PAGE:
John Tiner, managing director of the FSA Consumer, Investment and Insurance Directorate, has written an open letter to Chris Woodburn, chief executive of GISC, “to set out the FSA's view of the value of on-going membership of GISC.”
Tiner confirmed that the FSA will help firms which are members of GISC “to prepare for statutory regulation”. He wrote: “We have published criteria against which we will in due course establish the extent of credit to be given, but we certainly expect membership of GISC to be a positive factor - that is that firms that have already satisfied GISC requirements will receive credit in the authorisation process.”
The FSA statement follows an announcement in October by Ruth Kelly, Financial Secretary to the Treasury, in which she paid tribute to the work of the current insurance regulator, GISC, and said “It is important that GISC remains in place and is effective until statutory regulation comes into force to ensure a smooth transition.”
Commenting on Mr Tiner's letter, Anthony Howland Jackson, chairman of GISC says: “I am delighted but not surprised that the FSA has given a strong endorsement to the role that GISC has played in the past and will continue to play in the lead up to statutory regulation. It is quite clear that businesses regulated by GISC will benefit from their membership in the FSA authorisation process.”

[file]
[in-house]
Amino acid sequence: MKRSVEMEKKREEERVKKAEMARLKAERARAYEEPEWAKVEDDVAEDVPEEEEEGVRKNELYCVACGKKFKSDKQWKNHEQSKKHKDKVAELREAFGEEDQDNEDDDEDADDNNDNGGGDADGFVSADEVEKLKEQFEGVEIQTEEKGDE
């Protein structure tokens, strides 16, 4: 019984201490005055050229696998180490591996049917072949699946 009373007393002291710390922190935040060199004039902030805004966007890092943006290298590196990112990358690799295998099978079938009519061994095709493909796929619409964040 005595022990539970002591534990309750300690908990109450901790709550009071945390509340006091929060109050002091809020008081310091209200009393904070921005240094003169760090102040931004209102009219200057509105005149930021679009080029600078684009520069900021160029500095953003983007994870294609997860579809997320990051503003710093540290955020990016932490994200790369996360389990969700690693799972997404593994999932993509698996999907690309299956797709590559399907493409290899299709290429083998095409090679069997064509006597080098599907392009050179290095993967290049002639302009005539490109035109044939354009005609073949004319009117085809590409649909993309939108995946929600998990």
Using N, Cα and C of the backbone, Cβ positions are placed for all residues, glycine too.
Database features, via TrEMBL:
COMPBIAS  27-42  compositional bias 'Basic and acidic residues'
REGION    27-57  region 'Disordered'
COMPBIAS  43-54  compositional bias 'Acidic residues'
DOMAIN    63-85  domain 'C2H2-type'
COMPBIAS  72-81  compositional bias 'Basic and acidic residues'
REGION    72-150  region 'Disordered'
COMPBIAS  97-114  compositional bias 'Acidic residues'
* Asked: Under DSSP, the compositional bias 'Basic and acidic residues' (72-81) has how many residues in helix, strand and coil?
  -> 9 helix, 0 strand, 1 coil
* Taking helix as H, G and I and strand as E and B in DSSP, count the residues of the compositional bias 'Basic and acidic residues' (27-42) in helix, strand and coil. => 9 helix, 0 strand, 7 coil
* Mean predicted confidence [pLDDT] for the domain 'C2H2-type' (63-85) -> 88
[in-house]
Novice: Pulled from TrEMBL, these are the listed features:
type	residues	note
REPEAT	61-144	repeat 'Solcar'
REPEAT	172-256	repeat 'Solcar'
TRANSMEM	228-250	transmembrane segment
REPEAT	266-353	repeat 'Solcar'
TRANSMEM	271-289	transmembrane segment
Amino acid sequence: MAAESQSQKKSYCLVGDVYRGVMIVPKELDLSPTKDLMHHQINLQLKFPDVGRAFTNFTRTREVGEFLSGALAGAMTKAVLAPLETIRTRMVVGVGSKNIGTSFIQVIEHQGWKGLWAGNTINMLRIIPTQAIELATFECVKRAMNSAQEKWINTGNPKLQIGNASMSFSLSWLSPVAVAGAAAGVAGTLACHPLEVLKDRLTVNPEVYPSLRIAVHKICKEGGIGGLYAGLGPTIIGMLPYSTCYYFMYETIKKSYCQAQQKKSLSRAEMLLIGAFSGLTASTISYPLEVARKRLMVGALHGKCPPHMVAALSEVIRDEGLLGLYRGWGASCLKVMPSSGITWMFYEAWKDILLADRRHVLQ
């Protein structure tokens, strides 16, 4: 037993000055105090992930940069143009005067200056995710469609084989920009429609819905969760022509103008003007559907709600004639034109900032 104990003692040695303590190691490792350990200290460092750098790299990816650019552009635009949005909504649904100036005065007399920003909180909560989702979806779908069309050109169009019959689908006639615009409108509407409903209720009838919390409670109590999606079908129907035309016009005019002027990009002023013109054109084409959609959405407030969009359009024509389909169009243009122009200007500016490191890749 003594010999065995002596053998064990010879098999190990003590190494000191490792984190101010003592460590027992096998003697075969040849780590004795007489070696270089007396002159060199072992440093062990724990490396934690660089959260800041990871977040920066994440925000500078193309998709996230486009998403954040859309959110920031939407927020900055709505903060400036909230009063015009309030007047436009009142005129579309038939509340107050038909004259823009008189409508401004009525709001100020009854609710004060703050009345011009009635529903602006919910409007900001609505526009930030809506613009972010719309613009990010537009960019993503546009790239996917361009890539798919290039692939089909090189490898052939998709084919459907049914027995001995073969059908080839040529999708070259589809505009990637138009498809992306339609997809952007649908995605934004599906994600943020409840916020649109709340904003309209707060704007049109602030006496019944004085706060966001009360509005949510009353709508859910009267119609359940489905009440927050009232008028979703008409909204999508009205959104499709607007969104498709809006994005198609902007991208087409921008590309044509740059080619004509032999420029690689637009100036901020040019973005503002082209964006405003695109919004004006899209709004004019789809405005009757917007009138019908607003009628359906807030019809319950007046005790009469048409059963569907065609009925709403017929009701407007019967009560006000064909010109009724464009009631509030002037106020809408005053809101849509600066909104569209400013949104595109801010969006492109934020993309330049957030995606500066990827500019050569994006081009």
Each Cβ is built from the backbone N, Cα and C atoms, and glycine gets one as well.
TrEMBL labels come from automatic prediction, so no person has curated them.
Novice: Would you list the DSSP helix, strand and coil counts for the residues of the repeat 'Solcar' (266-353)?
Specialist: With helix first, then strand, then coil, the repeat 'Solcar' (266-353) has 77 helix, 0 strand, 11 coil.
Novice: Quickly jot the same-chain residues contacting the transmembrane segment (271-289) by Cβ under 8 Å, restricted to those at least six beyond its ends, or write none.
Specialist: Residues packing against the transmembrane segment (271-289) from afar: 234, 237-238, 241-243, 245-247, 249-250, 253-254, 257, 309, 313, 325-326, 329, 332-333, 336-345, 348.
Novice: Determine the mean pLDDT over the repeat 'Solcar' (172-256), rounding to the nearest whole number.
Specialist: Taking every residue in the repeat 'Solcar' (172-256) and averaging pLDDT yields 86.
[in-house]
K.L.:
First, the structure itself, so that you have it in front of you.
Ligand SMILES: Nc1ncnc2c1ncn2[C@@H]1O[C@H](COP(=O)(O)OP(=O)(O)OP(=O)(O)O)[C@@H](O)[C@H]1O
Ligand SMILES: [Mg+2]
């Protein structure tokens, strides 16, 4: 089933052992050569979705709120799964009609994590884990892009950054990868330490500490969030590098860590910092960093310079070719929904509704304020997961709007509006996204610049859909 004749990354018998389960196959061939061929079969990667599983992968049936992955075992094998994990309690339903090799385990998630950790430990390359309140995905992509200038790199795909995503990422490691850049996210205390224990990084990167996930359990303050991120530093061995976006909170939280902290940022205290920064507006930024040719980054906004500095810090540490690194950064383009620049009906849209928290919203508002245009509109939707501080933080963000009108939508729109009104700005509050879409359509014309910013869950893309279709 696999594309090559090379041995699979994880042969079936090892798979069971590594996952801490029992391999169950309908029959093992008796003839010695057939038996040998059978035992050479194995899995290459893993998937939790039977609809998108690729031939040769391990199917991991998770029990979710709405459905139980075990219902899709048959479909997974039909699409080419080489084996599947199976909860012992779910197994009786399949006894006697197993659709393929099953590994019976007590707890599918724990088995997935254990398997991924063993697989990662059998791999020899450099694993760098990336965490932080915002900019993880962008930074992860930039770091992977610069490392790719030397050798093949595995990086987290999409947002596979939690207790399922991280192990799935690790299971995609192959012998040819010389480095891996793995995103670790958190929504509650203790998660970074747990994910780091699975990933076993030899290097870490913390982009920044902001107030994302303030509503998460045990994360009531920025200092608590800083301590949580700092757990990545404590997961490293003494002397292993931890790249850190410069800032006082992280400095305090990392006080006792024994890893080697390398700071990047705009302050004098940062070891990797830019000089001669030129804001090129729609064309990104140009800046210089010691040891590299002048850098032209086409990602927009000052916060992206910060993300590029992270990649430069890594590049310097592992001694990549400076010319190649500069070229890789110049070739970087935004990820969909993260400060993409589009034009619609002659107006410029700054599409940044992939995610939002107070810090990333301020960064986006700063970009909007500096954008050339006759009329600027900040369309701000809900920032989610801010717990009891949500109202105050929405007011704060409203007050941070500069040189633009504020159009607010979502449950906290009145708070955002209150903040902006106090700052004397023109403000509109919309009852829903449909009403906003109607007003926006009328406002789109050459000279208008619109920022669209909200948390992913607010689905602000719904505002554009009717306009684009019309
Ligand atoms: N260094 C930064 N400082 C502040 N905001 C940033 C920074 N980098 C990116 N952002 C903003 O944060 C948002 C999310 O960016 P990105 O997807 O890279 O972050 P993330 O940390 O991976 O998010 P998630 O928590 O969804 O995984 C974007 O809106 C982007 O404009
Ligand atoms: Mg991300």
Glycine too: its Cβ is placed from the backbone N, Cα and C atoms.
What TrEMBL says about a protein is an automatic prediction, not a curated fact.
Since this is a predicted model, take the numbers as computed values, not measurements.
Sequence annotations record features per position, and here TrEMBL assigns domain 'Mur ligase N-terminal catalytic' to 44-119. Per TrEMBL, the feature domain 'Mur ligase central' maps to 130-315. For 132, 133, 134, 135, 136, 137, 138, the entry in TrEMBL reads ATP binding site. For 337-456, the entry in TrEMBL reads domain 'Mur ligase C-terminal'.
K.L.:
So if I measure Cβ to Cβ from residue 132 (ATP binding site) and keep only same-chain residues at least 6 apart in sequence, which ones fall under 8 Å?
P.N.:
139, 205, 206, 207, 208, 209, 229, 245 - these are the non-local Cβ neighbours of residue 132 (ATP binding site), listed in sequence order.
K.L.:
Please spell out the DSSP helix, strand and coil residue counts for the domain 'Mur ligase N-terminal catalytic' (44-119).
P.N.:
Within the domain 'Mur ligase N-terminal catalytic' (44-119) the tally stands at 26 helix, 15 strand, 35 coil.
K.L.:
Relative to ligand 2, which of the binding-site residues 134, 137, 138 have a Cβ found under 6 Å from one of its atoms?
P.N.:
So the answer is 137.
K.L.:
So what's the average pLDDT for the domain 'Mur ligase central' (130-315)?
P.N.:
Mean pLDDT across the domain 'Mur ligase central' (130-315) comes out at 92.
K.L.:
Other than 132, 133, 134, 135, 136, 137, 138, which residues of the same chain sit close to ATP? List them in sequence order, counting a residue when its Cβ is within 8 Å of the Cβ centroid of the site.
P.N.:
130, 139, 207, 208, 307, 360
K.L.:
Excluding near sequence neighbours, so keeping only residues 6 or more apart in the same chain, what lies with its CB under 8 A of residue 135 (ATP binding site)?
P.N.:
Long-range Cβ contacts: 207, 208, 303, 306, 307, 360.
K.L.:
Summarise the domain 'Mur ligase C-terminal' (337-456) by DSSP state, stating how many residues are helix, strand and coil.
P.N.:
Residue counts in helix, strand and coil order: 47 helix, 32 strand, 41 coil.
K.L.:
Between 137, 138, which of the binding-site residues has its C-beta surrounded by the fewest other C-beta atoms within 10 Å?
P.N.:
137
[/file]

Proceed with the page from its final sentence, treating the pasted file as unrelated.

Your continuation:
GISC chief executive Chris Woodburn added: “Once again GISC is named as an important player in this transition towards statutory regulation. I trust that our members, and those who have not yet joined, will recognise the importance of this statement and be assured that committing to voluntary regulation by GISC represents a sound commercial decision for those wishing to be authorised by FSA.”
He pointed out that with a proposed transfer date of October 2004, GISC will probably have to cease taking new members during 2003. He also reminded the industry that those not authorised by the FSA would not be able to continue trading thereafter.
“Firms should join GISC in the near future to give themselves time to become compliant with GISC requirements and qualify for due credit”, he stressed, but warned: “GISC will not become a fast track, transit lounge to the FSA. We will continue to require members to comply with our rules.”
Tiner also confirmed in his letter that the FSA is “looking to benefit from the lessons which GISC and others have learned over the last few years, and where possible, to build on the work they have undertaken. GISC has played a key role in raising standards among the firms which it regulates, in enhancing consumer protection and also in building consumer confidence in this marketplace.”